HANG TIME HEADQUARTERS — The Golden State Warriors and Milwaukee Bucks kicked off this trade deadline season with a bang, agreeing tonight on a five-player deal that will send guard Monta Ellis, forward Ekpe Udoh and center Kwame Brown to Milwaukee for center Andrew Bogut and guard Stephen Jackson. The deal, first reported by Charles F. Gardner of the Milwaukee Journal Sentinel and Adrian Wojnarowski of Yahoo! Sports, was also confirmed by TNT’s David Aldridge.
If the magnitude of this first move is any indication — Bogut was the No. 1 pick in the 2005 Draft, Ellis is one of the league’s top scorers and Jackson, despite his issues with Bucks coach Scott Skiles, remains one of the league’s most dynamic backcourt performers when he’s playing in an environment he likes — we could be in for a wild ride the next 24 hours.
Ellis has been the subject of trade rumors in Golden State for the past three seasons, with the reasoning being as nuanced as his game. Bottom line, just like Bogut and Jackson (who had expressed their own desires to be shipped out of Milwaukee from whatever restrictions they felt Skiles’ system placed upon their respective games), Ellis is being moved at his own behest.
The only problem? You can bet Ellis didn’t have the Bucks at the top of his list, not with the chatter about him joining Dwight Howard in Orlando heating up in recent days. The addition of Ellis also raises questions about Bucks point guard Brandon Jennings, whose name has also surfaced in trade rumors in the past few weeks. Marc J. Spears of Yahoo! Sports reported yesterday that the Bucks don’t have any plans on moving Jennings, which should make some chemistry issues down the stretch this season for Skiles with an Ellis-Jennings backcourt.
Jackson presented a unique set of challenges, same as he always has for whoever is coaching him. A backcourt with two offensive-minded guys like Ellis and Jennings should be as exciting as any combo in the league, but will they defend the way Skiles demands?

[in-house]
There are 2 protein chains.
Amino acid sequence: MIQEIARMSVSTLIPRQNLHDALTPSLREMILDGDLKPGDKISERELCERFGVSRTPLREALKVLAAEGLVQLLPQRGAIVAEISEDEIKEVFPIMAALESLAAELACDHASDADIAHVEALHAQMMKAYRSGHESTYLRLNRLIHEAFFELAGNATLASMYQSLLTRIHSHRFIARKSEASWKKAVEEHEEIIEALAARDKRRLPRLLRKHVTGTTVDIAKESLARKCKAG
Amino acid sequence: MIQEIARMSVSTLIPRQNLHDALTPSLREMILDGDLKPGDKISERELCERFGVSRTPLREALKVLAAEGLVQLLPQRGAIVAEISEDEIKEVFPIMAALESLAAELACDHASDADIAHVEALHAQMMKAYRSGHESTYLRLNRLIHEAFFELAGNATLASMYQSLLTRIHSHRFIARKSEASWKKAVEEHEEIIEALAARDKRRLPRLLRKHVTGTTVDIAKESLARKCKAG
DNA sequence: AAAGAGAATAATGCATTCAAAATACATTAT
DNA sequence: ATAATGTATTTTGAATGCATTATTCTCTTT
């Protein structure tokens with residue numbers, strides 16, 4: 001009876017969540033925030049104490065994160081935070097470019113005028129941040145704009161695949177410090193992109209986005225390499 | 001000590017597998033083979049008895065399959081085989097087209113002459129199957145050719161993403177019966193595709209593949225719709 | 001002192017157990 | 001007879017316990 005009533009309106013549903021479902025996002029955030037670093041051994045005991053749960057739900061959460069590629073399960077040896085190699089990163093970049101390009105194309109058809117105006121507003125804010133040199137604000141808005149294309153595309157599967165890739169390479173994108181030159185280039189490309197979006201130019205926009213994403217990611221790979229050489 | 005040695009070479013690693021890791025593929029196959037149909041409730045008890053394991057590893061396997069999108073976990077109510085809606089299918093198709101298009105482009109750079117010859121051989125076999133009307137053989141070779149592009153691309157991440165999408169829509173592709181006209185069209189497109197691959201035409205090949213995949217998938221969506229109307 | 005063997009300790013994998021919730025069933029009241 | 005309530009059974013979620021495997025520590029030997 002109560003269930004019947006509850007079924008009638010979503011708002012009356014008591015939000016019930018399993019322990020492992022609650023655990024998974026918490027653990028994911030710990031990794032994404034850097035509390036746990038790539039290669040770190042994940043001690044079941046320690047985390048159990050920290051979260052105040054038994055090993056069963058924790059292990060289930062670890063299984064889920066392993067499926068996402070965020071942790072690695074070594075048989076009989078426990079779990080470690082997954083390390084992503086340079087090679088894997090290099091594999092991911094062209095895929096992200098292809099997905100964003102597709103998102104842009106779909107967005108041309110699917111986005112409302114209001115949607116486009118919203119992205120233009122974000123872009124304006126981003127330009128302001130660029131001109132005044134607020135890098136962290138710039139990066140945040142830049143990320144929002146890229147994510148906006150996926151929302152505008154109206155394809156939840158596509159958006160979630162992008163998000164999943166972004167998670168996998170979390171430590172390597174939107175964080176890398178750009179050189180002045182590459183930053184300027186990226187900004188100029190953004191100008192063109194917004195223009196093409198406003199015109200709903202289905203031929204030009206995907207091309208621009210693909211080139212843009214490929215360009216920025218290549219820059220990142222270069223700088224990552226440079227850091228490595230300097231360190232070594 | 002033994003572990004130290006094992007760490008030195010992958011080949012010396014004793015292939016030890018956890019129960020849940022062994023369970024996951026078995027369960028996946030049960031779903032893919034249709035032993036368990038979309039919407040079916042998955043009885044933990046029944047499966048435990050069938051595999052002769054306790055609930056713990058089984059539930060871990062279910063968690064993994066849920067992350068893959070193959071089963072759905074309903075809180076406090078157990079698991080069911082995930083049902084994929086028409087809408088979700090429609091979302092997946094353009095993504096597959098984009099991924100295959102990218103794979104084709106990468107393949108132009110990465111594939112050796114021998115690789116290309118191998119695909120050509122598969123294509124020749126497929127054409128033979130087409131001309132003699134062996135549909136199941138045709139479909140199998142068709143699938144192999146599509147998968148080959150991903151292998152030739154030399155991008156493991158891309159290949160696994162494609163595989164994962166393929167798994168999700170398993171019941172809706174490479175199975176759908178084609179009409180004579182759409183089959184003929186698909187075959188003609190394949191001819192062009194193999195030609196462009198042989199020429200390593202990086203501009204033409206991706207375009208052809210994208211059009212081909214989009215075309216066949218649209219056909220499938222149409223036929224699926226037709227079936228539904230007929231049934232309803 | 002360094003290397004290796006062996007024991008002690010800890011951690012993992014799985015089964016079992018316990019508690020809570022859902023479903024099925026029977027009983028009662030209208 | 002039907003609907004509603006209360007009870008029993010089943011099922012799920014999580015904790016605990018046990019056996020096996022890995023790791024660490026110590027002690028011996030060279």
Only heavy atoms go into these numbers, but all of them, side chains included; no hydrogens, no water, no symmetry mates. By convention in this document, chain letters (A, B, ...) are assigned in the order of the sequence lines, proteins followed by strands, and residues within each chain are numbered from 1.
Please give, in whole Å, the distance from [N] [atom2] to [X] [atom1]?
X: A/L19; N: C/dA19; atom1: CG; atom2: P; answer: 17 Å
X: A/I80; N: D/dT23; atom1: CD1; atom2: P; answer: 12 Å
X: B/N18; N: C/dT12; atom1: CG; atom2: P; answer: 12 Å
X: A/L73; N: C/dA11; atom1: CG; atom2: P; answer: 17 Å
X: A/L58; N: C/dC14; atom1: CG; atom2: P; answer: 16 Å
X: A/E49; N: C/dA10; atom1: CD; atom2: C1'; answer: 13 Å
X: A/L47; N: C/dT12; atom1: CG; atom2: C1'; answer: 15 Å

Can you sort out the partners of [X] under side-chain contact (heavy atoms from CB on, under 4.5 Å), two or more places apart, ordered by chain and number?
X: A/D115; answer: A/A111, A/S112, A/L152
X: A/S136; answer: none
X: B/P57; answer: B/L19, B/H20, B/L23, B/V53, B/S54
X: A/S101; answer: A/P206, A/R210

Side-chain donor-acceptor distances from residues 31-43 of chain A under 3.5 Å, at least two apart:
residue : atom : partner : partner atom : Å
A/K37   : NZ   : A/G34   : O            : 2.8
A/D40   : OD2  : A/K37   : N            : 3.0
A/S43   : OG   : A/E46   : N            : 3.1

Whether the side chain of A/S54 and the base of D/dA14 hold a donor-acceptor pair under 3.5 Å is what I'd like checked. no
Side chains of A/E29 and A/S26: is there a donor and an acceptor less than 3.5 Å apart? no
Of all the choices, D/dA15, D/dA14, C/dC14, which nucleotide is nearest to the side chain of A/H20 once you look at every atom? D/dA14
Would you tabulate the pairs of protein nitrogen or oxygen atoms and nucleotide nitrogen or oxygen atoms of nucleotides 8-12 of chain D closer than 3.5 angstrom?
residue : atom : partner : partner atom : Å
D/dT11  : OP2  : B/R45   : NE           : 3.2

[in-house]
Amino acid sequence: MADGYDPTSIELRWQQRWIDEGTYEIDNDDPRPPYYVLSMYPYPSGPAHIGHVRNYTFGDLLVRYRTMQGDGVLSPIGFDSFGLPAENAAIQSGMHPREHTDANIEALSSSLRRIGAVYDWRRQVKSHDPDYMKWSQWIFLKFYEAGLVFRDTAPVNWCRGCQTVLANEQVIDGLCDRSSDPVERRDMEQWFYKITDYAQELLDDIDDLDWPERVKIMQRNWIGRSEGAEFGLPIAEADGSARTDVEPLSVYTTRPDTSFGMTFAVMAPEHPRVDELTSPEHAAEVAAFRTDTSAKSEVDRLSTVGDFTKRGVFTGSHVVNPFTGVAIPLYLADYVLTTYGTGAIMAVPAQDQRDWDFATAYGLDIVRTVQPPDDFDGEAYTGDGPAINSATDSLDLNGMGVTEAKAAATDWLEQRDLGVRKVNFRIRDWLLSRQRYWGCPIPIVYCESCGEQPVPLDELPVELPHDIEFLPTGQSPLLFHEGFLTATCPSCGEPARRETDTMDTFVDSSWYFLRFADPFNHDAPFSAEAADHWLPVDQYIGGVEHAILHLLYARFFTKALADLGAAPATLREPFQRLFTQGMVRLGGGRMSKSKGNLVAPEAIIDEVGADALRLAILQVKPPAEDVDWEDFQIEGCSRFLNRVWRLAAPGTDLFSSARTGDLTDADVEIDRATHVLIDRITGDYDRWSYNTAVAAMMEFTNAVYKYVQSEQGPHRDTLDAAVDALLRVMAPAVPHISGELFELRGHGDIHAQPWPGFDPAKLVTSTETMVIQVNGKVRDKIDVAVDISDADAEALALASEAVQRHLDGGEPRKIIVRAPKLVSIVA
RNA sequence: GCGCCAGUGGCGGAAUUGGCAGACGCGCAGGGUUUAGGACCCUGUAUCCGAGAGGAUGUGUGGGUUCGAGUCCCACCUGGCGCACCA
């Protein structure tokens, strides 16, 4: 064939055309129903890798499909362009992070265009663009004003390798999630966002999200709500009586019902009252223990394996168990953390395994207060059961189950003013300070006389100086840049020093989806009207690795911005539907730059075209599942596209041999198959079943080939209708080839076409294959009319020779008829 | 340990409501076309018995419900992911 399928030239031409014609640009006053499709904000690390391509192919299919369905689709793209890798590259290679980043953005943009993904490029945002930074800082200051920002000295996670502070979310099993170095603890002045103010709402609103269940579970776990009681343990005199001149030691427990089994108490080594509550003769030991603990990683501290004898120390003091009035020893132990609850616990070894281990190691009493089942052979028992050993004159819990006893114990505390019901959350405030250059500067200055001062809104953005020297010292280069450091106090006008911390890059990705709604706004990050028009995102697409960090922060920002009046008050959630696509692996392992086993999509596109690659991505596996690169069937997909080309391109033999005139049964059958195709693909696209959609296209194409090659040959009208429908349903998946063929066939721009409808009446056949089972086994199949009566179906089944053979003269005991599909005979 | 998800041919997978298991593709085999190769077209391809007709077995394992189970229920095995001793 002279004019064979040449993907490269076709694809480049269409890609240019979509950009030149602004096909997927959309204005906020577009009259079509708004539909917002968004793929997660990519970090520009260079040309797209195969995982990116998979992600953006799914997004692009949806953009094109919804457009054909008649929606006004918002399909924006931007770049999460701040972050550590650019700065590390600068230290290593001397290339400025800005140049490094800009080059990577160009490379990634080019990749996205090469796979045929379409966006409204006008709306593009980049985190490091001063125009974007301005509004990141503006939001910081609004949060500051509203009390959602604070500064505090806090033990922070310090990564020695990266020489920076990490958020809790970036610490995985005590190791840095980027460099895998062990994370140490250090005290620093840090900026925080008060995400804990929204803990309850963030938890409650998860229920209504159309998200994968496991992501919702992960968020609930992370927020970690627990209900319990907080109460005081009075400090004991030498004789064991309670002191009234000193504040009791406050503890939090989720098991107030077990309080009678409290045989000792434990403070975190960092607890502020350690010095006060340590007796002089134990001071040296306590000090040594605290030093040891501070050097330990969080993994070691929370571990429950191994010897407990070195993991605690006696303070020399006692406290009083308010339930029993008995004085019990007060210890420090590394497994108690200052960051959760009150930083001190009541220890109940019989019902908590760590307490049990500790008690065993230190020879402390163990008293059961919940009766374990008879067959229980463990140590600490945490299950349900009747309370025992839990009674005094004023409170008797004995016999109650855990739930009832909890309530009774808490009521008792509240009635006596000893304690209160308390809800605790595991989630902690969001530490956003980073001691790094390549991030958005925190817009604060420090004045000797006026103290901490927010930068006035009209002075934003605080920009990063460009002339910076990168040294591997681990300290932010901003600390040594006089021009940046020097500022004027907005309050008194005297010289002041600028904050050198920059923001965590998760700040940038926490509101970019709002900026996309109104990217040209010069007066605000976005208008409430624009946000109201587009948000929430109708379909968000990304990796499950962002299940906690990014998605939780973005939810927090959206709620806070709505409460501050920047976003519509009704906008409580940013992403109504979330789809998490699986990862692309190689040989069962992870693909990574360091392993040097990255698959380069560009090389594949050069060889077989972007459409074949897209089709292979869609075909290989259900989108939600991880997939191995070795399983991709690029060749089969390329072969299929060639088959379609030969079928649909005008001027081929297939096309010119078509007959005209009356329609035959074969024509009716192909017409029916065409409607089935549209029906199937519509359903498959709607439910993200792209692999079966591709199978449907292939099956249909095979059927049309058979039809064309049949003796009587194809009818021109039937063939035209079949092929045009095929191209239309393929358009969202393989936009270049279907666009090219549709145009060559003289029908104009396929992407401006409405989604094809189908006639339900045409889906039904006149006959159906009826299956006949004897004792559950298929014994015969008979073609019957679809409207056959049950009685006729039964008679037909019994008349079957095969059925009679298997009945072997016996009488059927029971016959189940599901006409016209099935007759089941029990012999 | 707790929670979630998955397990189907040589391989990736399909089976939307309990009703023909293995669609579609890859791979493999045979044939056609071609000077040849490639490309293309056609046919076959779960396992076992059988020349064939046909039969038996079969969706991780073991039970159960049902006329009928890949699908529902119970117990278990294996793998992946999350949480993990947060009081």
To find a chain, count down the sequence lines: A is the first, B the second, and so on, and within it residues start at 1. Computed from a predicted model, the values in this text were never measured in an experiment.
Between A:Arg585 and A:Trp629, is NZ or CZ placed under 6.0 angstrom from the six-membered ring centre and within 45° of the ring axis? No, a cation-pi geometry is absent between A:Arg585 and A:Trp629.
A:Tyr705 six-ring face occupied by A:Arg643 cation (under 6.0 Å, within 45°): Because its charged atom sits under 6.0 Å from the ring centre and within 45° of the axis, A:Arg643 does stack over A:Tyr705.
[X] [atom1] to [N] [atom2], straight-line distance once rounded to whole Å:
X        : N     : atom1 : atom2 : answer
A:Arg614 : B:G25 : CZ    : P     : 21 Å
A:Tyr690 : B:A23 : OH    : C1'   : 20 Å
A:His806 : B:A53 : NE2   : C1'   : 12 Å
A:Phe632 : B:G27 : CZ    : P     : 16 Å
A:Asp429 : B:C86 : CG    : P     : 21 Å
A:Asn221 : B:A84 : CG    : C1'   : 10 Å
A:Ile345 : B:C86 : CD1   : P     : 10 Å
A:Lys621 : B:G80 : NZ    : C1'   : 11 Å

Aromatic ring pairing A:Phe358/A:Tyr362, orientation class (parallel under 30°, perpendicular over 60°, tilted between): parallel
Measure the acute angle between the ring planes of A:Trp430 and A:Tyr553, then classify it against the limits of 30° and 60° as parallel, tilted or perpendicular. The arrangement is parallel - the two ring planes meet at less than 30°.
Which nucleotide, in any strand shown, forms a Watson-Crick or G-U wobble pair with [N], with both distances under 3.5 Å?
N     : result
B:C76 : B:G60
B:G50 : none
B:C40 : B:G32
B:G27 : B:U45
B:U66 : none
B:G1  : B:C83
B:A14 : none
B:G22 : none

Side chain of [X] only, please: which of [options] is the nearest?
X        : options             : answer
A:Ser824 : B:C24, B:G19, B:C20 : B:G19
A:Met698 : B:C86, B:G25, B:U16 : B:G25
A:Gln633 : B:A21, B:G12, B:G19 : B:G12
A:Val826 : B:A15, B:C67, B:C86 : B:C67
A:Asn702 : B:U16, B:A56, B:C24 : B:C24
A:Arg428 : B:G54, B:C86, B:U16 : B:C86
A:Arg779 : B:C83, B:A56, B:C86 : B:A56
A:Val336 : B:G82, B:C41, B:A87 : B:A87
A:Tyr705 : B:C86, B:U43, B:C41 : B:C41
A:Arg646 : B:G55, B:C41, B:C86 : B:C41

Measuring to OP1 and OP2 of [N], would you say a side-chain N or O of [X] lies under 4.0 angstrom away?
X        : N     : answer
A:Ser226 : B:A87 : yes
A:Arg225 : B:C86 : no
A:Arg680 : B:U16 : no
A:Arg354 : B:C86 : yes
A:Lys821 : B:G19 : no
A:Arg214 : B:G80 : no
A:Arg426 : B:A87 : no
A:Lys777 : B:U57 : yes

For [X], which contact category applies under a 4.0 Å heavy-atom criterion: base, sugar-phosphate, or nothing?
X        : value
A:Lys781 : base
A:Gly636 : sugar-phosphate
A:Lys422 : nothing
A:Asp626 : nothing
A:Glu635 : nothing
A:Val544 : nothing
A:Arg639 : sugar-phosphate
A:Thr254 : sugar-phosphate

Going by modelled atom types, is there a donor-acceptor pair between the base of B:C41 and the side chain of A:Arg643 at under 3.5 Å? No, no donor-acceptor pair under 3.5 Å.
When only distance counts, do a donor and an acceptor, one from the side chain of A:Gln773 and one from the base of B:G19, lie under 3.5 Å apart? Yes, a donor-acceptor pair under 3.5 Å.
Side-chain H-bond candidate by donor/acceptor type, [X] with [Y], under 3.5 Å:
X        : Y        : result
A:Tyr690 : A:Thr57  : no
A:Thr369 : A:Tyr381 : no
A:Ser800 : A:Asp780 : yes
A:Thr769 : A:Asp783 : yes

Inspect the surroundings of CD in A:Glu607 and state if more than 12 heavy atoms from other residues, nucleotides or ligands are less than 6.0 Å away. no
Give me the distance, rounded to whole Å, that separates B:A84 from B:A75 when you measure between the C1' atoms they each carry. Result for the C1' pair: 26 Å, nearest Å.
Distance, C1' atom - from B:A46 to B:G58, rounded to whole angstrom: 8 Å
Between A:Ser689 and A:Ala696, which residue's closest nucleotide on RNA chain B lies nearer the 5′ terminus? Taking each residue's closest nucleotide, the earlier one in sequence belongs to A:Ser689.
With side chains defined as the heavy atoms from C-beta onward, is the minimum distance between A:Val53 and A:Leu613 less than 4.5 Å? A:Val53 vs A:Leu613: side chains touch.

We’ve got it covered for you from every angle …
NBA.com’s numbers guru and HT East Coast Bureau chief John Schuhmann breaks down the mechanics of the deal for all involved:
The deal basically erases (with Jackson’s contract) the $10 million of cap space the Warriors had this summer, and gives the Bucks about $8 million of cap space this summer (because Brown’s contract is expiring and Jackson’s is for one more year). Neither team’s payroll is affected much in 2013-14, when the new, more punitive luxury tax system kicks in and Bogut, Ellis and Udoh (if his options are picked up) are all on the books.
The Jazz (via New Jersey) have the Warriors’ 2012 first round pick, but it’s top-7 protected. And with Bogut out and Stephen Curry’s health a question, the Warriors could sink in the standings and keep the pick. They’re currently six games in the loss column from having a bottom-7 record, but have played the fewest games in the league.
NBA.com’s and HT West Coast Bureau chief Scott Howard Cooper weighs in with the Bay Area perspective:
The deal is exactly the kind of bold strike the Warriors have been looking to make for years, and this season in particular to address the glaring need at center in the wake of another disappointing showing by Andris Biedrins. They came close to landing Tyson Chandler as the interior defensive presence, before Chandler took a free-agent deal with the Knicks in what he termed a late switch away from Golden State, and signed DeAndre Jordan to an offer sheet the Clippers predictably matched. In what would have been the riskiest move of all, they were willing to trade for Dwight Howard even without a commitment from Howard that he would sign an extension, as long as it did not require including Curry in the package.